|Merpel's tattoo consultant advised |
her to get a discreet tattoo
with Disney's Cheshire Cat
However, after serious reflection and two new tattoo-related stories from the US and New Zealand respectively, she has decided against doing so, being concerned with all the various IP and cultural issues that appear to surround the world of tattoos.
|When in Delhi to attend a friend's wedding,|
a Kat is usually required to partake
in a copyright-related henna ceremony
It was not long time ago that Miri reported on a new tale of celebrities (Kate Moss), tattoos (a little anchor on the British model's wrist) and IP.
IPKat readers will also promptly remember the lawsuit filed by Mike Tyson's tattoo artist against the producers of The Hangover - Part II back in 2011. This case was eventually settled, but the issue of copyright in tattoos is still far from settled (see 1709 Blog posts here and here).
Apparently, there is no relevant precedent [at least under US law, but how about other jurisdictions? Do any readers know?] which has established whether (1) tattoos are copyright-protectable subject-matter in the first place [but why should not they be? They are potentially original works, moreover fixed in a tangible form] and, if so, (2) whether copyright is owned by the person who receives the tattoo (under the work for hire doctrine) or the artist who realises it.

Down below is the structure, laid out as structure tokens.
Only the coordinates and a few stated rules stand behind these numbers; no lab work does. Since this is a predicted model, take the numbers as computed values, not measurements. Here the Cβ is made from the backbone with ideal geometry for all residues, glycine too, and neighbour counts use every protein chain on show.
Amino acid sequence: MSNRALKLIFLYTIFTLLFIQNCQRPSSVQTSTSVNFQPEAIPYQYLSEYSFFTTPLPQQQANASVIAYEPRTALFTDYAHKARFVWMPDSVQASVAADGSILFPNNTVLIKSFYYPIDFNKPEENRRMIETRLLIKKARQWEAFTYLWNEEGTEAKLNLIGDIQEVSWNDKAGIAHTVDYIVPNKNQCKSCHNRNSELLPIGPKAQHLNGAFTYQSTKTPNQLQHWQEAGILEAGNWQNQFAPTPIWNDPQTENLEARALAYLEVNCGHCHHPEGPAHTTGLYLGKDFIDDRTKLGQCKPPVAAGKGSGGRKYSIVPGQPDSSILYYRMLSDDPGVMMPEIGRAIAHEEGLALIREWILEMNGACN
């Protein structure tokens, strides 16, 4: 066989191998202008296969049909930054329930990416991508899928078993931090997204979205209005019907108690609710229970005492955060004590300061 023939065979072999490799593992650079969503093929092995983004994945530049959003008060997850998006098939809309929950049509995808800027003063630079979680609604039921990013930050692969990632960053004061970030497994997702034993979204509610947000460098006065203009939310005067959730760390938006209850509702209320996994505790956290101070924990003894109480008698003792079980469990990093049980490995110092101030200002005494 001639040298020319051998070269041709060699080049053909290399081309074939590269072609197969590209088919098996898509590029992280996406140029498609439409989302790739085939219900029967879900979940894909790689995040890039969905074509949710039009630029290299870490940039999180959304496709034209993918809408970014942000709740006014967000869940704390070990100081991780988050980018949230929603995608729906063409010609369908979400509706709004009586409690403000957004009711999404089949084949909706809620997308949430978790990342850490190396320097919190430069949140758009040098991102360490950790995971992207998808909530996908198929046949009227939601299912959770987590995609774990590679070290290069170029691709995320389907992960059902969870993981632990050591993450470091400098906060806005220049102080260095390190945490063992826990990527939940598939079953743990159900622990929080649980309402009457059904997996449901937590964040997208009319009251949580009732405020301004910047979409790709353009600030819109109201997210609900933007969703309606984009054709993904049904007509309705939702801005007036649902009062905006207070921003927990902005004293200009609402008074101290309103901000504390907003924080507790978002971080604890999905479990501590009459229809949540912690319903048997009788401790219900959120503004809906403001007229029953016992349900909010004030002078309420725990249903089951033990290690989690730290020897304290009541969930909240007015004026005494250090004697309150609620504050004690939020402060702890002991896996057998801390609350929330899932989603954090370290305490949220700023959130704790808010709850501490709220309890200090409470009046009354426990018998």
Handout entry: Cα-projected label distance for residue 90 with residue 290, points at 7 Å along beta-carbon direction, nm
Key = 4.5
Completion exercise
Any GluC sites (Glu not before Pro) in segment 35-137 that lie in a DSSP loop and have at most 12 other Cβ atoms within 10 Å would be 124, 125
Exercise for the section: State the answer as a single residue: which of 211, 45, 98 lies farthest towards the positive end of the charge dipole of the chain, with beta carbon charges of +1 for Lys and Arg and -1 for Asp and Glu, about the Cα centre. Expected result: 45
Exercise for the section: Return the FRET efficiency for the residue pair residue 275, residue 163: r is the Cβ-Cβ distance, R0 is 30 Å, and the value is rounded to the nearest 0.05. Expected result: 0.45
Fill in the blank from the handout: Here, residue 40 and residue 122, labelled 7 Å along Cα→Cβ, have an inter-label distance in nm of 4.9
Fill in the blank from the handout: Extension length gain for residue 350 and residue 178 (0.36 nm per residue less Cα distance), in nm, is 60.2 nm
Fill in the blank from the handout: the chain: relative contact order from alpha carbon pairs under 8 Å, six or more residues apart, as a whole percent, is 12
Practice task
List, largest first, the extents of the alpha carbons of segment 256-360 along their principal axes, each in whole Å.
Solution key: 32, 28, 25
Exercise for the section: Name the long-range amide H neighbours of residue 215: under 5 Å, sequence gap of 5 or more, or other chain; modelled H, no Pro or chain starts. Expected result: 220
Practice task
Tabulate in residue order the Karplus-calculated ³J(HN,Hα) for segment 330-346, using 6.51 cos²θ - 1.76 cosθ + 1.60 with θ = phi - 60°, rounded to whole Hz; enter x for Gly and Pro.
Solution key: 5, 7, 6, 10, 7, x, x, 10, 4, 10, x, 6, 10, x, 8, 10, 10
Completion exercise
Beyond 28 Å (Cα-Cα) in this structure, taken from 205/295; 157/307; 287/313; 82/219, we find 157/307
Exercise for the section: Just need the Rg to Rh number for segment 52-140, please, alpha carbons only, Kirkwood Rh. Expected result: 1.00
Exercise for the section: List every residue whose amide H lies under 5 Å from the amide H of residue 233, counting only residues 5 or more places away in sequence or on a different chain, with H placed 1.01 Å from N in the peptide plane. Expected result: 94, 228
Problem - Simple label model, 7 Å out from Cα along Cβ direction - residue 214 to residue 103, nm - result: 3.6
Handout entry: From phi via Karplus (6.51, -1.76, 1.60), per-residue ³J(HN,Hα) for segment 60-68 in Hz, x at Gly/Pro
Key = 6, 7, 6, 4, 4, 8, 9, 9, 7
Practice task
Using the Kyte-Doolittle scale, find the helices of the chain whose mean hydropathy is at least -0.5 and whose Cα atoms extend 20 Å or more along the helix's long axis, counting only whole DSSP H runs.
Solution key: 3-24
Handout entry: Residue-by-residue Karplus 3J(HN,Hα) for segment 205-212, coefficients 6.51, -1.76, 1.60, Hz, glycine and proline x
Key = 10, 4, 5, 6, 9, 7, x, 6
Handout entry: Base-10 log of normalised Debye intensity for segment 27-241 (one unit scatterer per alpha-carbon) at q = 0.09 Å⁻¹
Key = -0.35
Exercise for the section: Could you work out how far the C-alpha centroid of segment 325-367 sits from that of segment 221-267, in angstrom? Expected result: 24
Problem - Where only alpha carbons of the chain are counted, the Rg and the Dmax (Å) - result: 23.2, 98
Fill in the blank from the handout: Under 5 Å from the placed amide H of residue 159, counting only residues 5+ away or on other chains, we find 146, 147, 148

|San Francisco 49 ers quarterback |
She discovered an article that discusses the case of San Francisco 49ers quarterback, self-evident tattoo-lover and businessman (here and here) Colin Kaepernick.
Also following the release of a new advertisement for Yahoo! Fantasy Sports which features the sportsman while sitting in a tattoo studio, debate has intensified as to what extent a celebrity's tattoos are associated with his/her likeness and, in parallel to this, who owns copyright in those tattoos.
With particular regard to the latter, there are rumours that the NFL Players Association has become increasingly concerned and has started advising agents to tell their players that, when they get tattoos, they should get a release from the tattoo artist and, if they can track down their former artists, they should get a release as well.
Apparently the NFL Players Association is also considering asking its players to indemnify and hold it harmless in the event that the players do not succeed in obtaining a release from the tattoo artist. The same might be required by third parties that wish to use players' likeness.
Not only have some people complained about the use of the designs (which are viewed as sacred by Polynesian people), but Pro Tattoo Tech tights create the appearance that the wearer has a traditional Samoan tattoo, the pe'a, which is reserved for men.